Congratulations, you just won another new contract. But do you know if you have the production capacity to deliver?
Imagine this: Your leading sales rep just knocks on your door announcing another significant piece of contract manufacturing business she has won. After the obligatory “Congratulations,” you sit back down at your desk and the horrifying thought comes to you: Can we handle this new production contract?
Unfortunately, this question is all too common for many managers facing changes to existing customer forecasts or opportunities to grow production volume. This is especially true for those struggling with capacity constraints or manual spreadsheets and pivot tables.
As we continue to experience a more dynamic supply chain, partners and customers are demanding these adjustments to be made in an instant. Deacom’s COO, Scott Deakins, recently spoke with Supply & Demand Chain Executive Magazine about what features managers should be looking for in a strong production capacity management system.
Below are five capabilities he noted to be most important:
- Customer forecasting – Customer forecast sheets should always be incorporated into a capacity system in order to properly calculate accurate expectations. Deakins notes, “The forecast sheet should include the customer’s part number, and the expected daily, weekly or monthly sales volume.”
- Planned and unplanned maintenance reporting – Find a system that takes into account planned and unplanned equipment downtime into reports. Building these details into the system will provide a clearer view into the existing status of production and if new lines need to be introduced.
- Product routings -Be sure to select a solution that will allow you to determine the time it takes to manufacture a production based on different batch sizes. Many types of software will take into consideration the product routings to make this calculation. “These routing calculations can get tricky, so when reviewing a new system, be sure to run through a few examples. Apply various routing sequences unique to the business to make sure the system can handle it,” advises Deakins.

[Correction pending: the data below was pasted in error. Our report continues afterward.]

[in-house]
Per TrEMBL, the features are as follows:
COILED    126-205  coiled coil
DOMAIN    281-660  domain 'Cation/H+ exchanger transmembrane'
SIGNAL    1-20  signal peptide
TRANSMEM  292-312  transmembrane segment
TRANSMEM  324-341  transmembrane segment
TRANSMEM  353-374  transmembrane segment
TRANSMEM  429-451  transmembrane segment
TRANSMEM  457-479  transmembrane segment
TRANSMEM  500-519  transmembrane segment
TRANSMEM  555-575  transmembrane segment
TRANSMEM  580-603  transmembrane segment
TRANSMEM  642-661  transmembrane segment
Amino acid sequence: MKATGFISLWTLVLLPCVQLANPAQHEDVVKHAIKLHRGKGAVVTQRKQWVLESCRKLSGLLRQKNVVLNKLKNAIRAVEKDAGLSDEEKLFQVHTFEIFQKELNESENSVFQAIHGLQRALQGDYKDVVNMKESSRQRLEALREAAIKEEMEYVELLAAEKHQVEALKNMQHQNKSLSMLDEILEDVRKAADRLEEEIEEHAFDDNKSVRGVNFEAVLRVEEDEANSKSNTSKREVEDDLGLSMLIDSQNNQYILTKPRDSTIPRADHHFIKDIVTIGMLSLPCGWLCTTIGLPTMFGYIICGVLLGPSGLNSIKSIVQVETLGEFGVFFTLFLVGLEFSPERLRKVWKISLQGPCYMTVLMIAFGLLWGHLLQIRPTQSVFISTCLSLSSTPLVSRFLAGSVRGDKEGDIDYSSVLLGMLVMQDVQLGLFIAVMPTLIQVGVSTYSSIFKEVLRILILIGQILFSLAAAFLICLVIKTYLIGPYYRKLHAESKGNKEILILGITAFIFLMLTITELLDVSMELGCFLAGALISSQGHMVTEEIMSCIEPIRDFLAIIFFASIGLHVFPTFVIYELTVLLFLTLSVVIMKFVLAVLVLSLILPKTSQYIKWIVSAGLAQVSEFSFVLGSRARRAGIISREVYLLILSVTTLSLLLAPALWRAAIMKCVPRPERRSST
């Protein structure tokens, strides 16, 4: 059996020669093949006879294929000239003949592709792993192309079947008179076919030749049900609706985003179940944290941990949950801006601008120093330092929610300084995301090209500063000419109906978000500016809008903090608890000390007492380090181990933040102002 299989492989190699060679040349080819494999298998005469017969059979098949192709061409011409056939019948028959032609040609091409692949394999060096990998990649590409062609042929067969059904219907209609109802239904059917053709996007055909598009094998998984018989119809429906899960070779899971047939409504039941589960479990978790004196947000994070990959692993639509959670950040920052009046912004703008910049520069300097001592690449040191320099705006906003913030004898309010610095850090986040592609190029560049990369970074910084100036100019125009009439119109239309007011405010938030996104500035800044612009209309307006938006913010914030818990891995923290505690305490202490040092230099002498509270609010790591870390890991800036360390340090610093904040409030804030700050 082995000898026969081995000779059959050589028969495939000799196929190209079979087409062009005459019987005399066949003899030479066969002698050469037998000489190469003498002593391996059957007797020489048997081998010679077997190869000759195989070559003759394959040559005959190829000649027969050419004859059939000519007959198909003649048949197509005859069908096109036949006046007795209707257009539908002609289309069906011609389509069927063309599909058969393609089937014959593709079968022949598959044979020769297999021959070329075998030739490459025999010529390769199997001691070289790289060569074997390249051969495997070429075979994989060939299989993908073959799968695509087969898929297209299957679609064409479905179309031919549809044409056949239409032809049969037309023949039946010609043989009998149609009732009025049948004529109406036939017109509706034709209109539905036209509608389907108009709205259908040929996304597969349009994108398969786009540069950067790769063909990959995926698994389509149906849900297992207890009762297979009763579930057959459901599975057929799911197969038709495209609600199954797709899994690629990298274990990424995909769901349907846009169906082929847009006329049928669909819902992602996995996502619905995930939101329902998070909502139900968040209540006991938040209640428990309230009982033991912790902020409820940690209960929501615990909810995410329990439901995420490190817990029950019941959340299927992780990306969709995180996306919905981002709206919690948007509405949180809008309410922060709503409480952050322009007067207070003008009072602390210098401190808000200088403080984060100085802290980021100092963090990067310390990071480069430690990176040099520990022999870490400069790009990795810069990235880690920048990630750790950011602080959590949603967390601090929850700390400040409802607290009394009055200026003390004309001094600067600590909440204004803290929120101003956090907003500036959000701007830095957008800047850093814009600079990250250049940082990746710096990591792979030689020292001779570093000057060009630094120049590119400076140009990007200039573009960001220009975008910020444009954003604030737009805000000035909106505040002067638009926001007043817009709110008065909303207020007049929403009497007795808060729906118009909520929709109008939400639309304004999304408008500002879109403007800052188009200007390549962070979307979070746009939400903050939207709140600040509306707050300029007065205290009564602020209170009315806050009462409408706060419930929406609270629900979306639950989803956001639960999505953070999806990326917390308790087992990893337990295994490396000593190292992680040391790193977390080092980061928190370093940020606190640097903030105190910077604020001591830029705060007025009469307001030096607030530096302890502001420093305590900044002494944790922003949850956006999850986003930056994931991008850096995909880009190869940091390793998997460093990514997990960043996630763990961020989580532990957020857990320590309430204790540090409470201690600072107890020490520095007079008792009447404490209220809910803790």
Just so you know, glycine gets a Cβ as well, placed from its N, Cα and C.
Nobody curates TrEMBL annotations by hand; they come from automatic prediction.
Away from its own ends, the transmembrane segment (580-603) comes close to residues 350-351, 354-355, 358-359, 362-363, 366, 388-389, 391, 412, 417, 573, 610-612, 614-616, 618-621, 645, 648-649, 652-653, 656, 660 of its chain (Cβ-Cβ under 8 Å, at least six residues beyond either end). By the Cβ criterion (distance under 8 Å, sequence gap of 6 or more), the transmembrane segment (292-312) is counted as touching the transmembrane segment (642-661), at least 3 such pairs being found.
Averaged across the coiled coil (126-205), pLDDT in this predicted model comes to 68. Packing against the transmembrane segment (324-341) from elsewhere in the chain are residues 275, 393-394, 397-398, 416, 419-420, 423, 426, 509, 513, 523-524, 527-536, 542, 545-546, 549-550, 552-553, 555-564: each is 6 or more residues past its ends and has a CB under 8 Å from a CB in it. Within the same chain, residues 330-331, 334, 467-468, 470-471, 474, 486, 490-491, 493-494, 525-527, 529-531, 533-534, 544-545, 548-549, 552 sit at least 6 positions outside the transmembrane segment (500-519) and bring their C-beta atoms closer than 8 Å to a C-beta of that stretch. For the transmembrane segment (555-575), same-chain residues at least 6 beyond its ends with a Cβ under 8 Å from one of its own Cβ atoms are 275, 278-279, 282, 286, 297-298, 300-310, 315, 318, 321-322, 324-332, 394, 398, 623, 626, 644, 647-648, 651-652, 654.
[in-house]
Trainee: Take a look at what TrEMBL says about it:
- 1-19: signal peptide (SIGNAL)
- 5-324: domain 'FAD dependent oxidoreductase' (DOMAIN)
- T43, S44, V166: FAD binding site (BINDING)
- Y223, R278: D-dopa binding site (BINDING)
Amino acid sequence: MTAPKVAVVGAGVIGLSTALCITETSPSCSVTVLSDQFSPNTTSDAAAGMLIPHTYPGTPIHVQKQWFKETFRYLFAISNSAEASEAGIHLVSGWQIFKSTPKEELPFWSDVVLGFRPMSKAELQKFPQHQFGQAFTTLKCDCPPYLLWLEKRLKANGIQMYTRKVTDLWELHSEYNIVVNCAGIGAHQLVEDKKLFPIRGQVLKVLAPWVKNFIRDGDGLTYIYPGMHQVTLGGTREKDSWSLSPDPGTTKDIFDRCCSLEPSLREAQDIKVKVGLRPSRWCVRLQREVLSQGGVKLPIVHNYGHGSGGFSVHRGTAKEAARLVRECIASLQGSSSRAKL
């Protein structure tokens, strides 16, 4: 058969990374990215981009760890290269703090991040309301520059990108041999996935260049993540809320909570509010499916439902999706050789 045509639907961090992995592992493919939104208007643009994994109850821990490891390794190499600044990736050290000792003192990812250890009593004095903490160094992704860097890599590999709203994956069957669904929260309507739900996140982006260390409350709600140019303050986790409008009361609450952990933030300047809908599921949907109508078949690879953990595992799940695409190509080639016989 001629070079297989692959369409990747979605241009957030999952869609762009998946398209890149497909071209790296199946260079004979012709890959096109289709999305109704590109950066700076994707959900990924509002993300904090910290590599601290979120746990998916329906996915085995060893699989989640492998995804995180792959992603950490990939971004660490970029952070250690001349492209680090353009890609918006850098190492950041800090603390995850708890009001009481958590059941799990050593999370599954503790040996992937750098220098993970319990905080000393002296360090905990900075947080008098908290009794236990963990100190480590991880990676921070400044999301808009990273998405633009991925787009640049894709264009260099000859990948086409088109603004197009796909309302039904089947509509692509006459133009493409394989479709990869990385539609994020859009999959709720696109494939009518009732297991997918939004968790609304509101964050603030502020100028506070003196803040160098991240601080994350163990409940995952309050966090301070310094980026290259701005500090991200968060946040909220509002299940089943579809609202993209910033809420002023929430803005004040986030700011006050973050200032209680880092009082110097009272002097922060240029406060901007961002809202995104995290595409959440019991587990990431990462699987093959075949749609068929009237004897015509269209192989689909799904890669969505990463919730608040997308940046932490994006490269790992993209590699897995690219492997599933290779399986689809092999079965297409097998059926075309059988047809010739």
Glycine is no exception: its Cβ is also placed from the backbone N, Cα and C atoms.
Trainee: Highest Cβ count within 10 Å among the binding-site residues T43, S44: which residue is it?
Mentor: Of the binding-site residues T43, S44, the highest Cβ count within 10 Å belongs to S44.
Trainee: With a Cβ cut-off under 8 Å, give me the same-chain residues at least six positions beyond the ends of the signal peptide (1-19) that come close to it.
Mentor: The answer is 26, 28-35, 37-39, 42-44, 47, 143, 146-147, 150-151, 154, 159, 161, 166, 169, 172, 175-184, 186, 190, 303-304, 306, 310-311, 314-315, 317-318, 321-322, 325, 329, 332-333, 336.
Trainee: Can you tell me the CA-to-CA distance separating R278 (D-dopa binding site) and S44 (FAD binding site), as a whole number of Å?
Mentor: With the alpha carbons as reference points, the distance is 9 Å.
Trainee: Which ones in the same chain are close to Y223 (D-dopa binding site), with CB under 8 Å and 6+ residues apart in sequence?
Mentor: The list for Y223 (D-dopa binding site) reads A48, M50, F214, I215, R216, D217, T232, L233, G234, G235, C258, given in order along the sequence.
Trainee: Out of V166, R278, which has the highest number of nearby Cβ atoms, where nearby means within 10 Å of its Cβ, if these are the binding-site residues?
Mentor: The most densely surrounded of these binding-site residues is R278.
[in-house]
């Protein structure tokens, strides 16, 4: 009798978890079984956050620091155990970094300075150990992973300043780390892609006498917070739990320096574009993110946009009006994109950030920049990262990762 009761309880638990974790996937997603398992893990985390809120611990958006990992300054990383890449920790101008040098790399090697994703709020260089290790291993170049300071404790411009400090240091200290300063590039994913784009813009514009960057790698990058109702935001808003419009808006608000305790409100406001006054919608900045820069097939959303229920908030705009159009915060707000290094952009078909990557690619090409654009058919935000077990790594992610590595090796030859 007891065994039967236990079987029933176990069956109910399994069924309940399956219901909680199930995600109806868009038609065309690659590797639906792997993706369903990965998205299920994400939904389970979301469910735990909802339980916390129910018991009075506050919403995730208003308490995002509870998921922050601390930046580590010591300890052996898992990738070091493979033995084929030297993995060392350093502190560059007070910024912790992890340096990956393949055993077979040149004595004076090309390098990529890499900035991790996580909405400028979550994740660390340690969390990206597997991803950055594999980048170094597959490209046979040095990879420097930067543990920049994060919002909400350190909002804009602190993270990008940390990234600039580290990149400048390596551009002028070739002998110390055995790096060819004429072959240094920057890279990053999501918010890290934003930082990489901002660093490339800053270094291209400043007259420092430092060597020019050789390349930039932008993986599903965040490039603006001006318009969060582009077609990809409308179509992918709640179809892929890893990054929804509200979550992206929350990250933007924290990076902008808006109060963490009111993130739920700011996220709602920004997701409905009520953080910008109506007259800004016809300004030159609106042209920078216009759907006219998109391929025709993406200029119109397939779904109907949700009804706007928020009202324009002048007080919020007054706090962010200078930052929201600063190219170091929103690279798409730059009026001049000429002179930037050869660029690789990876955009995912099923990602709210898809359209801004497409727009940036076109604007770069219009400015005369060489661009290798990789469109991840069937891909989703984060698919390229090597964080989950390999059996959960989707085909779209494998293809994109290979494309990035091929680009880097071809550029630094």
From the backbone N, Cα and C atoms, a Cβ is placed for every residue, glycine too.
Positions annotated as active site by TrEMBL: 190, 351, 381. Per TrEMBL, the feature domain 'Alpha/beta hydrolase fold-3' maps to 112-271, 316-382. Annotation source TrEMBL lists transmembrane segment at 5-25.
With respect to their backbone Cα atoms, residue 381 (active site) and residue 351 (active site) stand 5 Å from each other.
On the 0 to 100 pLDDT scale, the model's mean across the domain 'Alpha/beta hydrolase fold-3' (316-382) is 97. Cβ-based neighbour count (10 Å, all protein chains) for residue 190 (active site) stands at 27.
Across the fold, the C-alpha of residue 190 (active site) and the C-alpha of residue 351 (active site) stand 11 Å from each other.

- Production capacity reporting – Comprehensive production capacity reports should be based on customer forecasts, product routings, and expected run times for each production line. Pulling this data quickly will deliver managers a quick overview yet full understanding of the open capacity. Deakins suggests that managers select “an option that can provide a report that can be broken down by forecasting period—day, week or month—against the production lines. This report is the first stop after a sales representative announces a new business win.”
- Labor constraint requirements – Though not common for all manufacturers, some require specially trained workers to operate certain machines. These constraints can significantly impact the production process and should always be managed in the system.
In sum, don’t be that manager who frantically grabs the walkie-talkie to ask the production team if they can squeeze in one more order on a daily basis. If you understand how to quickly accomplish the above tasks, you will be able to react quickly to changes in customer demands and determine when it’s time to invest in a new production line to grow the business.
To see the original article in Supply & Demand Chain Executive, click here.